There may not be a team in the majors that lost more than the Tampa Bay Rays did over the winter. Their fans witnessed the very identity of this team travel northward to heated rivals Boston and New York. Such is the life of a mid-to-low market professional sports team.
But it's not that low market teams can't compete. They can't compete long term. There will be stretches where key contributors will have to leave, and teams will have to move on. The Rays are about to experience such a stretch, with big name players like Carl Crawford, the heart and soul of Tampa Bay, along with Carlos Pena, Rafael Soriano, and Matt Garza. It may be darn near impossible for them to have a chance at October, maybe even impracticable.
However, there are a few bright spots to check out on this team. All-Star south paw David Price will still make his living in the Bay area, and the games best all around third basemen Evan Longoria still calls Tampa Bay home. Besides having the same last name as a very attractive American actress, Longoria has his all around game making him the best player on their team, even last year.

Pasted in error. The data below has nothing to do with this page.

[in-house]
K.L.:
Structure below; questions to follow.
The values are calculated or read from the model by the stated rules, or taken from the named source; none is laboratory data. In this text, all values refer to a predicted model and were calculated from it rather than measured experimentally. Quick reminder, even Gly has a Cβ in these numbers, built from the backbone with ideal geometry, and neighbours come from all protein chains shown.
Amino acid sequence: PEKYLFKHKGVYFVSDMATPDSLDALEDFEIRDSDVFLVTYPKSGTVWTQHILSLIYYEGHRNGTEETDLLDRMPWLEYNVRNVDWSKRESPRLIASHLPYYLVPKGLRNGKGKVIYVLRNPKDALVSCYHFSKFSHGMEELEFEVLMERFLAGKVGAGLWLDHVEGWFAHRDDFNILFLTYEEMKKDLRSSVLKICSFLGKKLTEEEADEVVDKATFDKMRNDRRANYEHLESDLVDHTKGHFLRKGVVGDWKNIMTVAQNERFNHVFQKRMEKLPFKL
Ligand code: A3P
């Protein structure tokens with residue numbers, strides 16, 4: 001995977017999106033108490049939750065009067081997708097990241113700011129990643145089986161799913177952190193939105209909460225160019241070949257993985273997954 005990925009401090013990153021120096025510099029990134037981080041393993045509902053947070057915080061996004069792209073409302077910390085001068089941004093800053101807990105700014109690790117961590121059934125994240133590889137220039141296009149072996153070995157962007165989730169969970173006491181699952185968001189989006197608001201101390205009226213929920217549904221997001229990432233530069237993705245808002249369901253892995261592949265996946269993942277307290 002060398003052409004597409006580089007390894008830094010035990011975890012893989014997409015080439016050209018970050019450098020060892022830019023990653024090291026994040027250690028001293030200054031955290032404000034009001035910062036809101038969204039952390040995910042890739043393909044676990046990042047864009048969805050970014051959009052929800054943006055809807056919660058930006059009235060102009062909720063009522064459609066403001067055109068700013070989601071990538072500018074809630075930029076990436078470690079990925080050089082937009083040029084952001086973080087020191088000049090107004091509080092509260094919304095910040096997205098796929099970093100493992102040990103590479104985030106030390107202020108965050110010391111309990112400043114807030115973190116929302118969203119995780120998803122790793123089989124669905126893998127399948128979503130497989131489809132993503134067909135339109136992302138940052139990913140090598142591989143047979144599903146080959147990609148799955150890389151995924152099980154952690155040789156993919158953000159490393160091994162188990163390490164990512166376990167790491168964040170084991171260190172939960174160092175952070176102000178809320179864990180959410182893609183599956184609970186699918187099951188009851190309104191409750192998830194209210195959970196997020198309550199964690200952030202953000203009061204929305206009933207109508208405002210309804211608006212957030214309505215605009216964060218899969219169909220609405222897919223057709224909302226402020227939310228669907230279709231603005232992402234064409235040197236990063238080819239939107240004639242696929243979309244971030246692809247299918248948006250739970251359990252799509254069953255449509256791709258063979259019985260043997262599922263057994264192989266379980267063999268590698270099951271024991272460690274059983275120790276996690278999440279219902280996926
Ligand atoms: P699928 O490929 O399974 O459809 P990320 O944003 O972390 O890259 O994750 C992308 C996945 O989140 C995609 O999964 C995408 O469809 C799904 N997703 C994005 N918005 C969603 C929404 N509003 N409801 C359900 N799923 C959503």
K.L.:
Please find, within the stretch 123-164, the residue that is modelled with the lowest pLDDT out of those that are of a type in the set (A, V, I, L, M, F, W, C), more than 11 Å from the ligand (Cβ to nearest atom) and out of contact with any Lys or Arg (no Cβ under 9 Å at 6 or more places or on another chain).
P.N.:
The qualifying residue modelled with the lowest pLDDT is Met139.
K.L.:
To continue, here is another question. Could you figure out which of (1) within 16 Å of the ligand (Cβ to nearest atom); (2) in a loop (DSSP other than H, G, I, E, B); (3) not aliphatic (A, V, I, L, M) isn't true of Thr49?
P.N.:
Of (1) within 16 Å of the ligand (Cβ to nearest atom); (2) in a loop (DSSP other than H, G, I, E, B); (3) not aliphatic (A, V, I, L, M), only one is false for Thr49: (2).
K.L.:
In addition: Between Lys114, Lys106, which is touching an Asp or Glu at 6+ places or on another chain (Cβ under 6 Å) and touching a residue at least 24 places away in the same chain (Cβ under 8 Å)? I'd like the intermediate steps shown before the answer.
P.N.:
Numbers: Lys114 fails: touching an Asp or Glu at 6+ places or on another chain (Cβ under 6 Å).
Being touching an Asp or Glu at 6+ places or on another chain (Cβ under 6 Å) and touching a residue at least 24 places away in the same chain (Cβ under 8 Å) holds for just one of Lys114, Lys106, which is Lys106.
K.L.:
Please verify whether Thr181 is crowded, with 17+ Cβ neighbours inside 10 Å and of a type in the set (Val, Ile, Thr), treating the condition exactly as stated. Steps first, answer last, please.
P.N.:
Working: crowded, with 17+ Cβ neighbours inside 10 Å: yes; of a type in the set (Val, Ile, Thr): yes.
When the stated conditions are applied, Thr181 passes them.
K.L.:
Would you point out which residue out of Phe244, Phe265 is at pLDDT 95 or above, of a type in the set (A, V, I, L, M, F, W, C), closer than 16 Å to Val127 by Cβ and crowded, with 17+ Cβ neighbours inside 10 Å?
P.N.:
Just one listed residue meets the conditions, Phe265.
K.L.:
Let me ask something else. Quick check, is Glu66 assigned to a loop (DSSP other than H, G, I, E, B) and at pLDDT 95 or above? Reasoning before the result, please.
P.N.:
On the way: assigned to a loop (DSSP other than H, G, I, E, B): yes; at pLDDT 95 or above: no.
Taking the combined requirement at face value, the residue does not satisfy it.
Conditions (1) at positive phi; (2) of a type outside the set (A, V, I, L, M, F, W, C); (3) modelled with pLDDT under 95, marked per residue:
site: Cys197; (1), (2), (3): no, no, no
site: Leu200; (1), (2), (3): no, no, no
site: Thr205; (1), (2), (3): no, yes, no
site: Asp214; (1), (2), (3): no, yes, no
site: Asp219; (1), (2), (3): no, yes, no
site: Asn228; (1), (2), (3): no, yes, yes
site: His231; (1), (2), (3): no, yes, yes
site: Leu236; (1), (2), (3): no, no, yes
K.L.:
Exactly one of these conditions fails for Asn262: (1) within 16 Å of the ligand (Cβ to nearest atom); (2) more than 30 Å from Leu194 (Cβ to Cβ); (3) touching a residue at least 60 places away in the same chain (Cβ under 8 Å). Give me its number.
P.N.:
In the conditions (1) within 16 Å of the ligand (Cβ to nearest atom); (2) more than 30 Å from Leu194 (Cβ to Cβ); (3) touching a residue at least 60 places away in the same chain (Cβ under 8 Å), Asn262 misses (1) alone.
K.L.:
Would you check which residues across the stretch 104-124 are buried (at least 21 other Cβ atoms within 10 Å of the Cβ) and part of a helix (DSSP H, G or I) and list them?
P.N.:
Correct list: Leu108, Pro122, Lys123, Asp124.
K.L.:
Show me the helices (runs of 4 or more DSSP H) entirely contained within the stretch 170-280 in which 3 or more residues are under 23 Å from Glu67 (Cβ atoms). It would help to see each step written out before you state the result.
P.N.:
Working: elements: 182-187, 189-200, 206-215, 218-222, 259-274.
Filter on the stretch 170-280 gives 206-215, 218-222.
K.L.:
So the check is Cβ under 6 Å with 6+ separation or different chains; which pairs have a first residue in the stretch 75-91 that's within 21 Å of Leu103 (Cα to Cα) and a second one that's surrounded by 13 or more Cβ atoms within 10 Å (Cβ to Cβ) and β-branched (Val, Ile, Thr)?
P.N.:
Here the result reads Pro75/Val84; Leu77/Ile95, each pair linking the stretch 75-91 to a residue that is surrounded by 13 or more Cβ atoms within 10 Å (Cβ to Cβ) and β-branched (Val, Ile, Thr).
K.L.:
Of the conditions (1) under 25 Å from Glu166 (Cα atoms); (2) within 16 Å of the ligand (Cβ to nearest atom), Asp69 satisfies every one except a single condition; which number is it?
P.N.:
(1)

He even has a few new toys to help play with, although referring to Johnny Damon and Manny Ramirez as "new" hardly practical. Though they will help. A last stitch effort by General Manager Andrew Friedman may have them contending when the season draws to a close. But that's an immense maybe. Not with the beasts of the east standing in their way.
Don't expect one of the golden brothers of the league, B.J. Upton, to be with the team by then. The underachiever was expected to be dealt last summer, but an appropriate deal never fell through. That should happen this go around. Same could go for hard throwing starter James Shields.
Tampa Bay had a few good years of contention, even made it to the World Series only to be put down by the Philadelphia Phillies. That stage isn't somewhere I'd picture this team in the near future, but they will fights their hearts out to prove me, and the baseball world, wrong.